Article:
On multiple-stringer stair systems the flanges can be formed away from the outside finished surface so that they conveniently stack one into the other, reducing shelf space as well as shipping space and thereby reducing freight costs.


FIG. 1 is a side elevation of the invented stair stringer cut out for use in manufacturing a straight flight of stairs shown prior to the forming of the flanges. The dotted lines represent the fold line for the flanges.

FIG. 2 is an isometric view of FIG. 1 with the flanges formed upward with the exception of the bottom flange 8 still unformed for viewing clarity purposes.

FIG. 3 is a side elevation of the invented stair stringer cut out for use in manufacturing a curved flight of stairs shown prior to the forming of the flanges. The dotted lines represent the fold lines for the flanges. Also shown are the slits in the tread support flange 13 as well as the bottom flange 12.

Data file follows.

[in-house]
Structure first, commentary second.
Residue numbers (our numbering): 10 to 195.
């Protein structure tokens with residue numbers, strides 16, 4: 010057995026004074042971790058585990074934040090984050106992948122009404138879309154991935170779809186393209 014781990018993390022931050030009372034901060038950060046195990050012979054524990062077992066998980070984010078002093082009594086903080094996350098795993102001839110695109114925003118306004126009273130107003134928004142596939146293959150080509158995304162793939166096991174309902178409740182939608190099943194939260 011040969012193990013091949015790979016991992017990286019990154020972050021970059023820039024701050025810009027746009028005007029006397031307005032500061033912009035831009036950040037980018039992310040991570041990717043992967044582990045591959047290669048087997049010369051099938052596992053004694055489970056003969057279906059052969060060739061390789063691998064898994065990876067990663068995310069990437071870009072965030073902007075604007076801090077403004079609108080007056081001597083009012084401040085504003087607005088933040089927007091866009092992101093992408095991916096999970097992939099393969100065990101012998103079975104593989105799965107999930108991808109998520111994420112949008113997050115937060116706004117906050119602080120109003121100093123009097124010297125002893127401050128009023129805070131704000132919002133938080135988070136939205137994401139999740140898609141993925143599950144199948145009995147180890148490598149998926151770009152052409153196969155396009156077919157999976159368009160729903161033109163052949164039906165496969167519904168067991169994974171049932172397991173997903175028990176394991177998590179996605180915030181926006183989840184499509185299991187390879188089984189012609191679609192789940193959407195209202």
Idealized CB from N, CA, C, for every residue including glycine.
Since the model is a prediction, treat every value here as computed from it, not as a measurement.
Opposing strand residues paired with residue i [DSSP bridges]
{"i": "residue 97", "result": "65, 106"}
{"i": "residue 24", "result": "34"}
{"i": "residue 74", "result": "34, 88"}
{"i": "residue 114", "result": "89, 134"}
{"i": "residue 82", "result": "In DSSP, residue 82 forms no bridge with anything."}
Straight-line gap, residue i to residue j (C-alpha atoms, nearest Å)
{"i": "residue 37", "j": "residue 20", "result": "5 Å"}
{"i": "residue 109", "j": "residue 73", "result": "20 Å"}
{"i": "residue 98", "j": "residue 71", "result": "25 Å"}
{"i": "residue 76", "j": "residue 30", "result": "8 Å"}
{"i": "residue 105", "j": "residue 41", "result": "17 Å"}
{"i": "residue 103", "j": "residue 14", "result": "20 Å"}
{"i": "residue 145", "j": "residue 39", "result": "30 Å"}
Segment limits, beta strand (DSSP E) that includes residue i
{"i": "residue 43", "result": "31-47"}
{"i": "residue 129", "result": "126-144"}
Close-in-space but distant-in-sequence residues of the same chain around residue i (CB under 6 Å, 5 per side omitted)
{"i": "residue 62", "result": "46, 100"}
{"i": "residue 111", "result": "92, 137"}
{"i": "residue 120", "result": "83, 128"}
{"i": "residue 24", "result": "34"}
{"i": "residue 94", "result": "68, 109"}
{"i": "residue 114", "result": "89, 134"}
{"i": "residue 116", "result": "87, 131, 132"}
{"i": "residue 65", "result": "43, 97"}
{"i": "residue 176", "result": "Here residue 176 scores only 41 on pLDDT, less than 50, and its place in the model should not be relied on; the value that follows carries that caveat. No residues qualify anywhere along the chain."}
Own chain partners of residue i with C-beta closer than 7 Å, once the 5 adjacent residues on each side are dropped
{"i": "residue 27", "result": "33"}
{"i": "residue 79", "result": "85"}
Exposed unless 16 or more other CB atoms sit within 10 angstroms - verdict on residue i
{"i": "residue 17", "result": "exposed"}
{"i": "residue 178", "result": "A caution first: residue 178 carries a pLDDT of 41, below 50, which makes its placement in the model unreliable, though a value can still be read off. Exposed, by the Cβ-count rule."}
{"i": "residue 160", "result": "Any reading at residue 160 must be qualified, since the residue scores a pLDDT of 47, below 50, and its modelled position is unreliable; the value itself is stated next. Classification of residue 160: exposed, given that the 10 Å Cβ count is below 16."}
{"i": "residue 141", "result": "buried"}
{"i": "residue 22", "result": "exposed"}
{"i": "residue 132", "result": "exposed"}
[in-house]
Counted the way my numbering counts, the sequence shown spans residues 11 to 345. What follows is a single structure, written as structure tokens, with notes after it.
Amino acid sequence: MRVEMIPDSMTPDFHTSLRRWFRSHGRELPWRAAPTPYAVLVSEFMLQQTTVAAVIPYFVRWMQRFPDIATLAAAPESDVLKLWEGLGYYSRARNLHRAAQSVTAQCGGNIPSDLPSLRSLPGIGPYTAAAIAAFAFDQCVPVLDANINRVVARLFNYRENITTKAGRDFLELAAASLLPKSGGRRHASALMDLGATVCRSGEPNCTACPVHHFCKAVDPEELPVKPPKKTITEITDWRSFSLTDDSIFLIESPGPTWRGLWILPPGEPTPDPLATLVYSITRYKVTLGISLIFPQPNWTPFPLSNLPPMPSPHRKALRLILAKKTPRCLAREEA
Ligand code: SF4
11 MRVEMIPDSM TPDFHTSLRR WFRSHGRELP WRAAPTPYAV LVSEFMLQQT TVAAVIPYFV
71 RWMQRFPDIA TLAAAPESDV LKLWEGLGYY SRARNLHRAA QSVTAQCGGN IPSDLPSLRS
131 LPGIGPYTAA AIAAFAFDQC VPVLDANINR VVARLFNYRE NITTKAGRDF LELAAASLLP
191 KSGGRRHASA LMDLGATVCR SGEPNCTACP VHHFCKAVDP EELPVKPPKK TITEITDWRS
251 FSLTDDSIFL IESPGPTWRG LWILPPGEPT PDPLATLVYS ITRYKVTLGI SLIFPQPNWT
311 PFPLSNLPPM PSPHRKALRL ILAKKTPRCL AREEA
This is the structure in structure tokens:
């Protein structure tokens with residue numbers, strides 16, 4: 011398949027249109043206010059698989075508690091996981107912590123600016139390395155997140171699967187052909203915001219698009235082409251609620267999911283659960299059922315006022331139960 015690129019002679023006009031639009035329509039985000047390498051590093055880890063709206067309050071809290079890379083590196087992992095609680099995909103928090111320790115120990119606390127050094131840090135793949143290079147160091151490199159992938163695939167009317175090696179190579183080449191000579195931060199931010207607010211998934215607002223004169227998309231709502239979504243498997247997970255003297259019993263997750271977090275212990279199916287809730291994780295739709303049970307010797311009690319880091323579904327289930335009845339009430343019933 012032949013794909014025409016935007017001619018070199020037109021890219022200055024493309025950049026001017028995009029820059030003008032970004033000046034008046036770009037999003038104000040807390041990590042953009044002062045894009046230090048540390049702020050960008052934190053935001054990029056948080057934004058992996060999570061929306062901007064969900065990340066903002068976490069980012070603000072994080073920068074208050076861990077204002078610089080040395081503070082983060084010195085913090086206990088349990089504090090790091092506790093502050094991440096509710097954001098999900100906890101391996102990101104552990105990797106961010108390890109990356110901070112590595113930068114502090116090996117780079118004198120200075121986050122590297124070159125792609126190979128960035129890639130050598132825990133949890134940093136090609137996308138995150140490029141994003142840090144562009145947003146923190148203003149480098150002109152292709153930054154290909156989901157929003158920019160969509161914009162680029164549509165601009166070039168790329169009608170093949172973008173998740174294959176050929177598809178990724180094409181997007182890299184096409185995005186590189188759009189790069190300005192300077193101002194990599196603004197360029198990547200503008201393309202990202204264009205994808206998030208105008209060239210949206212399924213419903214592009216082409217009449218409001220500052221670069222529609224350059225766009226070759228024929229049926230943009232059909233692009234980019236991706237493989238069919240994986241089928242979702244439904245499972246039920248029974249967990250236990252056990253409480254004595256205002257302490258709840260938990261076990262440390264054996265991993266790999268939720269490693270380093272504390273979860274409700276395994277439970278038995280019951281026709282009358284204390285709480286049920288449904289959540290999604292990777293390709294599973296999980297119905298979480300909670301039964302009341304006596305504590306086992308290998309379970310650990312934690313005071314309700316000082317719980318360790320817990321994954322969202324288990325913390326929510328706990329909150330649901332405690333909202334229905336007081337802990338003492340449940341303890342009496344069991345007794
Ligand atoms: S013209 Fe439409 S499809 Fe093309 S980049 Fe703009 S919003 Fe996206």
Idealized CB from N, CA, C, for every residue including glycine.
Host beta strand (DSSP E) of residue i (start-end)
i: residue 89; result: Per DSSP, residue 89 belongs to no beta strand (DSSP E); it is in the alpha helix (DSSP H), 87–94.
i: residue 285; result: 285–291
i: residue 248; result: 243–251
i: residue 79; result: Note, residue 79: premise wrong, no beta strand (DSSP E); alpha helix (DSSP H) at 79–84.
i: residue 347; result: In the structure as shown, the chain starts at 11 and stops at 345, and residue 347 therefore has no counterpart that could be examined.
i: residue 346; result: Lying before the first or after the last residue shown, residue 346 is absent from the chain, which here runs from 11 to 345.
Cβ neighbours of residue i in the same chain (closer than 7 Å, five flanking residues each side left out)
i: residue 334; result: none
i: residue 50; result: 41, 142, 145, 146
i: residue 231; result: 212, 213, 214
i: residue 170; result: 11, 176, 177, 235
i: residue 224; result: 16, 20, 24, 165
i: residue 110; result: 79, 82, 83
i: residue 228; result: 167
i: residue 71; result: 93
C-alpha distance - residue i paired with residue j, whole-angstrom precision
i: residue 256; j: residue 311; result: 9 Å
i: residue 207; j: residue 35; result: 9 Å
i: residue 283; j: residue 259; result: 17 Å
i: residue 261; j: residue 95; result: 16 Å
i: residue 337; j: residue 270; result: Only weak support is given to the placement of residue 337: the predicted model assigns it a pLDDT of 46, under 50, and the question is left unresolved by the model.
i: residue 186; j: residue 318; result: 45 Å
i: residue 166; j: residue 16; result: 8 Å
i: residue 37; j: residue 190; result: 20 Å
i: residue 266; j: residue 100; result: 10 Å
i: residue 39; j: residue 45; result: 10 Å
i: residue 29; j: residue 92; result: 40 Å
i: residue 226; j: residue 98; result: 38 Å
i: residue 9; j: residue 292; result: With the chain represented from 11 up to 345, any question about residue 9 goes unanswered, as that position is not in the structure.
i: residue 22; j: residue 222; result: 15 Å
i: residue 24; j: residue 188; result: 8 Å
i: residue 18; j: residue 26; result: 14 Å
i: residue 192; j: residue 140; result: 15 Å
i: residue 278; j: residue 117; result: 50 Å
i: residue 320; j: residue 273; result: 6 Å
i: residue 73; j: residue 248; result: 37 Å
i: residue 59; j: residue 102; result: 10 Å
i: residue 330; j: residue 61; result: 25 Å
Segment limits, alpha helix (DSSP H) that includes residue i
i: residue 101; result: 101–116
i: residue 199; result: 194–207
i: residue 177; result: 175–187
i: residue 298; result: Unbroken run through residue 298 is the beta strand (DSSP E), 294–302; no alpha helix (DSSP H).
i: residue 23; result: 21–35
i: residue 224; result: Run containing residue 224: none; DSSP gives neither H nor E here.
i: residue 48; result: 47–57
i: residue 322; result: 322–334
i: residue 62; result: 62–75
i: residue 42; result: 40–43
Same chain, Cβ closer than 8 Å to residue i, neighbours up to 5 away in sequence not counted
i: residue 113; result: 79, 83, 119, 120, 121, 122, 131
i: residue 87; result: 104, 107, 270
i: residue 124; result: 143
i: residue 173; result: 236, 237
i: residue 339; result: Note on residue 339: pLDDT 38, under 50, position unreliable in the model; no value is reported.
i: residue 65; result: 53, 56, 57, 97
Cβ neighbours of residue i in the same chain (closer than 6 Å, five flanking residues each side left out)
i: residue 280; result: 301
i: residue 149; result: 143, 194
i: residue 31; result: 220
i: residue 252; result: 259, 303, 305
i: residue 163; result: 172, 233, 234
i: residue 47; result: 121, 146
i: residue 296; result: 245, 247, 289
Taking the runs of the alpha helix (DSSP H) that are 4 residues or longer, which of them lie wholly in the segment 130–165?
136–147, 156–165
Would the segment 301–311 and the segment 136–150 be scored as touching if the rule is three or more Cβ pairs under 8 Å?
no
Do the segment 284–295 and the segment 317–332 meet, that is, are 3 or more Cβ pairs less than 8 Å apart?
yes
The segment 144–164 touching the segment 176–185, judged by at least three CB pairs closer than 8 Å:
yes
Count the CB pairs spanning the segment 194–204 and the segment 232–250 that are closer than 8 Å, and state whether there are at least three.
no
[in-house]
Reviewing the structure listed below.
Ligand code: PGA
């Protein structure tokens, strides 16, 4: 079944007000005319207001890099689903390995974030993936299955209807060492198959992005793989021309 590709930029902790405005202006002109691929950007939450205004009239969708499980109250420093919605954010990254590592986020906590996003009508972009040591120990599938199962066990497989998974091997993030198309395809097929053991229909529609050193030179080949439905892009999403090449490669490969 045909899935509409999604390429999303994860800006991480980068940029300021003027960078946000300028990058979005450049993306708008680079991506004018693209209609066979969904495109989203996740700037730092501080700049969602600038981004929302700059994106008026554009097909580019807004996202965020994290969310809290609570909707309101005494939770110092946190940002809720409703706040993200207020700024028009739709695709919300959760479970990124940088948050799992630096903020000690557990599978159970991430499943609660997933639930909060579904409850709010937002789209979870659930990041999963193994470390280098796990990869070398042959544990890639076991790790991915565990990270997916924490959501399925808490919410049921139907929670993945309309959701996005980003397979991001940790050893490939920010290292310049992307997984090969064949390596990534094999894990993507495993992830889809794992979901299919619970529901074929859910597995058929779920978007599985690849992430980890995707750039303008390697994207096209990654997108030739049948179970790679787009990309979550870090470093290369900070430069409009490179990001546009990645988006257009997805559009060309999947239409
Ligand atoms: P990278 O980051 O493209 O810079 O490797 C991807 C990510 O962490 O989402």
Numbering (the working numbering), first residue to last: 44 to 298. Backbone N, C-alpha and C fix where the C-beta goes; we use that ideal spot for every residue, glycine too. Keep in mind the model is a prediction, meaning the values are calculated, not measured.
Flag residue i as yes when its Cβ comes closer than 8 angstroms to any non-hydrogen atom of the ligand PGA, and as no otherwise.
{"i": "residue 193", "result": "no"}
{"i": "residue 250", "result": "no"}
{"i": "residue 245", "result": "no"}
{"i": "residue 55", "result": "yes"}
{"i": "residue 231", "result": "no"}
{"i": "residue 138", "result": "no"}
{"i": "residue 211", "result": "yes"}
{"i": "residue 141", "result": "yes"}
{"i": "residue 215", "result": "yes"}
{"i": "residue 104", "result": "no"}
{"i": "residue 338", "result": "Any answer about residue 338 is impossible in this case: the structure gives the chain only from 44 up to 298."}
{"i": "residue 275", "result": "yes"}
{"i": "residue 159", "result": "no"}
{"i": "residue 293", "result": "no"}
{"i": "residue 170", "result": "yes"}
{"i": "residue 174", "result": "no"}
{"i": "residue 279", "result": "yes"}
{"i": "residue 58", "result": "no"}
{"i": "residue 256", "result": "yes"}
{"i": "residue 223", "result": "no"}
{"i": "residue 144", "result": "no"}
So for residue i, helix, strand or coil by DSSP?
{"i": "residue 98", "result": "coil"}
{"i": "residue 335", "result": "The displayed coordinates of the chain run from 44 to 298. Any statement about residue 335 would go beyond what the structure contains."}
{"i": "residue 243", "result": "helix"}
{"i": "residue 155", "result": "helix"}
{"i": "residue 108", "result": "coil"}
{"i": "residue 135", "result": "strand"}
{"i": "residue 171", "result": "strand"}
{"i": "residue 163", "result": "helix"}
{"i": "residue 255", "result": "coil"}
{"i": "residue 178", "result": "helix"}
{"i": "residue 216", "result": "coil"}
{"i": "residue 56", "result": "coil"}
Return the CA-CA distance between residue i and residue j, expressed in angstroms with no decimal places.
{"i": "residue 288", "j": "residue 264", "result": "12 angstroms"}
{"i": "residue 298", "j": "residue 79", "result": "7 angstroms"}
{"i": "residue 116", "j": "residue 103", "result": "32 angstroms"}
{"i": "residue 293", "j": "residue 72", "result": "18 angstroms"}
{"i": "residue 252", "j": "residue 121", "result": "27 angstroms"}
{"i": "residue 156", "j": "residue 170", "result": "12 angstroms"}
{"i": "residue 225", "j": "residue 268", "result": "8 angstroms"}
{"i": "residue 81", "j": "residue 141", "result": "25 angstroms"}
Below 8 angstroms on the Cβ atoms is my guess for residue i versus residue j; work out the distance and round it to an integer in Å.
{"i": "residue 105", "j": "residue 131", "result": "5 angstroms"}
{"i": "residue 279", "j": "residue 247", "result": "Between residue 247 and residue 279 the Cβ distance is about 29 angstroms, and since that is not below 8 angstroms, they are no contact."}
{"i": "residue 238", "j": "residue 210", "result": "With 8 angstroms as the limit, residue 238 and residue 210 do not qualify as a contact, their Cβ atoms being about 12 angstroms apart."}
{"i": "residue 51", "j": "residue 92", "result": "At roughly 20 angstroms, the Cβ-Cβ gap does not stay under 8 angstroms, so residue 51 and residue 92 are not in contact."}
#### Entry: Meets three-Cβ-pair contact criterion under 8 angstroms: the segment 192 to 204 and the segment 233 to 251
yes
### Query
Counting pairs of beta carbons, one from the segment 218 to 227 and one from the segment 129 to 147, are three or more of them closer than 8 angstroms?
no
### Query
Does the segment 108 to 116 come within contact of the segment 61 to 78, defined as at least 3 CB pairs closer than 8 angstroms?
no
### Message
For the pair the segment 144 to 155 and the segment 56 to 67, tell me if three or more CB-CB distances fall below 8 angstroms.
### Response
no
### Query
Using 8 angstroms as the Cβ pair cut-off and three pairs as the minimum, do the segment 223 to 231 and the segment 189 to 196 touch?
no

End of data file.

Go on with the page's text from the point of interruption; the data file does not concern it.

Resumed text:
FIG. 4 is an isometric view of the invented stair stringer in FIG. 3 with all flanges being formed and attached to a curved fixture 14, displaying the function of the slits in the tread support flange, the bottom flange, and lower structure mounting flange.

FIG. 5 is an isometric view of two identical invented stair stringers 15 and 16 with the riser support flanges removed for viewing purposes, showing flanges but in opposing directions.

FIG. 6 is a side cutaway view elevation of the invented stair stringer with treads 17 and risers 18 attached with a plurality of fasteners shown with modification of additional material 21, which may be laminated or otherwise added to at least one side of the stringer for increased strength or rigidity.